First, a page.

Stable Instability: renewed turmoil in Ethiopia (part 2)

(This is the second part of an earlier published article) By Jan Abbink        Next to the demands for more economic rights and protection, the wider background factors of the spreading protests were: mounting dissatisfaction with authoritarian party politics, the interfering presence of party cadres in local life, the lack of accountability of the government, unresolved land allocation issues, lack of proper compensation for those removed from the land, the dismantling of civil society organizations in the last decade, the lack of political and civic freedoms, and the lack of a well-working justice system (as people say, one …

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Stable instability: renewed turmoil in Ethiopia (part 1)

By Jan Abbink    Ethiopia in 2016 is seeing a new round of major turmoil: massive protests and demonstrations have led to severe state repression, with more than 600 people killed by security forces, thousands injured, and tens of thousands arrested (as of September 2016). The story gets somewhat repetitive, as many rounds of political and ‘ethnic’ clashes have occurred in the country since 1991 when the current regime took power. This time, the protests of masses of unarmed students, youths, peasants and others started peaceful – i.e. there was no agenda of armed insurrection ‘fed by diaspora Ethiopians and …

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Pregnancies, high-school drop-outs and personal struggles: The joys of anthropological fieldwork

By Laetitia Simorangkir     Now that I completed my thesis (on care arrangements in South African communities), I can really say that I love anthropology and do research. But there were times I did not like my work at all. In this blog I will explain why. “Naoko told me that Salma had come to tell her that she was pregnant. Although the women were not related, Naoko seemed to take a parental-role towards Salma.” A fellow student, who reviewed the draft of my thesis, commented on this statement saying that I should explain more about the parent-child relationship: “Don’t leave it …

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African-Americans returning to Ghana: A photo blog

By Marije Maliepaard            My Master’s research is about African-Americans who return to Ghana after their ancestors got enslaved and brought to the Americas during the slave trade. My research group themselves have not physically lived in Africa before but they do have the feeling they return. A famous African-American and Pan-Africanist who also returned was W.E.B. Du Bois. He was one of the founders of the American civil rights organization for ‘colored’ people, NAACP. Eventually, he settled in Accra, Ghana, but passed away three years later. He is buried next to his former house, which is now turned into a …

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The reality of race: fieldwork experiences from Ghana

By Marije Maliepaard     Recently my Colombian friend and I were talking about being white in a country like Ghana. I told him I had never been aware of my ‘whiteness’ until I got to Ghana. In reply he said “of course you weren’t aware, you are part of the majority in your country”. We silently continued our walk along the main road in Accra as I pondered his comment. I broke the silence and said, “It’s not only me being part of the majority but I just don’t see it. I don’t recognize people as being black or white.” He firmly …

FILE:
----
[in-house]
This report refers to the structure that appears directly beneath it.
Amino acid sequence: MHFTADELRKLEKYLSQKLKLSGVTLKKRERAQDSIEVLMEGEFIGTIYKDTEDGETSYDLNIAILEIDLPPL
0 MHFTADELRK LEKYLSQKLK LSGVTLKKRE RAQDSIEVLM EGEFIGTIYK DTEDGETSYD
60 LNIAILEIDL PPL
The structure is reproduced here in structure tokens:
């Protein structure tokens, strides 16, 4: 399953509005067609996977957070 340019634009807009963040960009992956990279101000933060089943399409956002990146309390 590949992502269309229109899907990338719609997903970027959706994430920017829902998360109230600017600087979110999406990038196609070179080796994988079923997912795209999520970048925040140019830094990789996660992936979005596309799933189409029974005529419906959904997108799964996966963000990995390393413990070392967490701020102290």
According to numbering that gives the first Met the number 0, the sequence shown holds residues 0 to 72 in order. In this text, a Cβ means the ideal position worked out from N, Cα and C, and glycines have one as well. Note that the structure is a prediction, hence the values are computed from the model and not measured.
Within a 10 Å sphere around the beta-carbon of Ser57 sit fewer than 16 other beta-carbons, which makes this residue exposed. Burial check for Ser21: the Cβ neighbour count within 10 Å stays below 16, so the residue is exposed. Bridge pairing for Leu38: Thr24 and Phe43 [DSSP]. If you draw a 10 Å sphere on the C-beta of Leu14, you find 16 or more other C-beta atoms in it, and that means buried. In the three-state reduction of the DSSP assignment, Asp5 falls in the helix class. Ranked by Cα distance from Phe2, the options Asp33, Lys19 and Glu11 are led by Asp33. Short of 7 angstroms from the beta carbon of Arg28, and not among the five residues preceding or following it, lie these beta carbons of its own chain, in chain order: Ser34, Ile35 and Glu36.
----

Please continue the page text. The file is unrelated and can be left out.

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A different kind of pilgrimage

By Dimetri Whitfield    The most surprising thing for me about conducting fieldwork is that you encounter all these interesting people that ultimately do not end up in your final project. Alieu Sowe (this is a pseudonym to protect his identity) is one such person. He is Fula by ethnicity, Gambian by nationality, taxi driver by occupation, and refugee by aspiration. One cool February evening, after his 14 hour work-day, and my 3 hours of writing field notes, we sat down and chatted. Like most 20-something Gambian men, “backway” was on his mind. “Backway” is the illegal method of migrating …

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Oerwoudgeluiden

Door Ton Salman            Excuses dat ik er nu pas mee kom; de krantenberichten erover zijn al oud. De kwestie is dat het krantenkaternen betreft waaraan ik meestal geen prioriteit geef. Maar beter laat dan nooit. Het ging over voetbal, en over “oerwoudgeluiden”. Daarop vergastte een nogal onverkwikkelijk voetbalpubliek een zwarte speler, steeds wanneer hij aan de bal kwam. Een manier om een rekening te vereffenen over club-trouw, heb ik begrepen. Ten overvloede: dit gaat natuurlijk om tuig-van-de-richel, tinnef en geteisem. Maar daarover wilde ik het eigenlijk niet hebben. Het gaat me om de term: “oerwoudgeluiden”. Merkwaardig. En meer dan dat: …

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Time to look at girls differently

By Sophie Pape            Are you happy with your life? The way you have constructed it? What if you were born in another country? Would it be the same? It is likely that it will be quite different. Questions like these popped up while watching the documentary Time to look at girls: Migrants in Bangladesh and Ethiopia, which was shown by Marina de Regt during the EASA Anthropology of Children and Youth Seminar on 19 November 2015. Since June 2009, this EASA Network organizes monthly meetings, which bring together students, researchers, NGOs and policy makers working with children …

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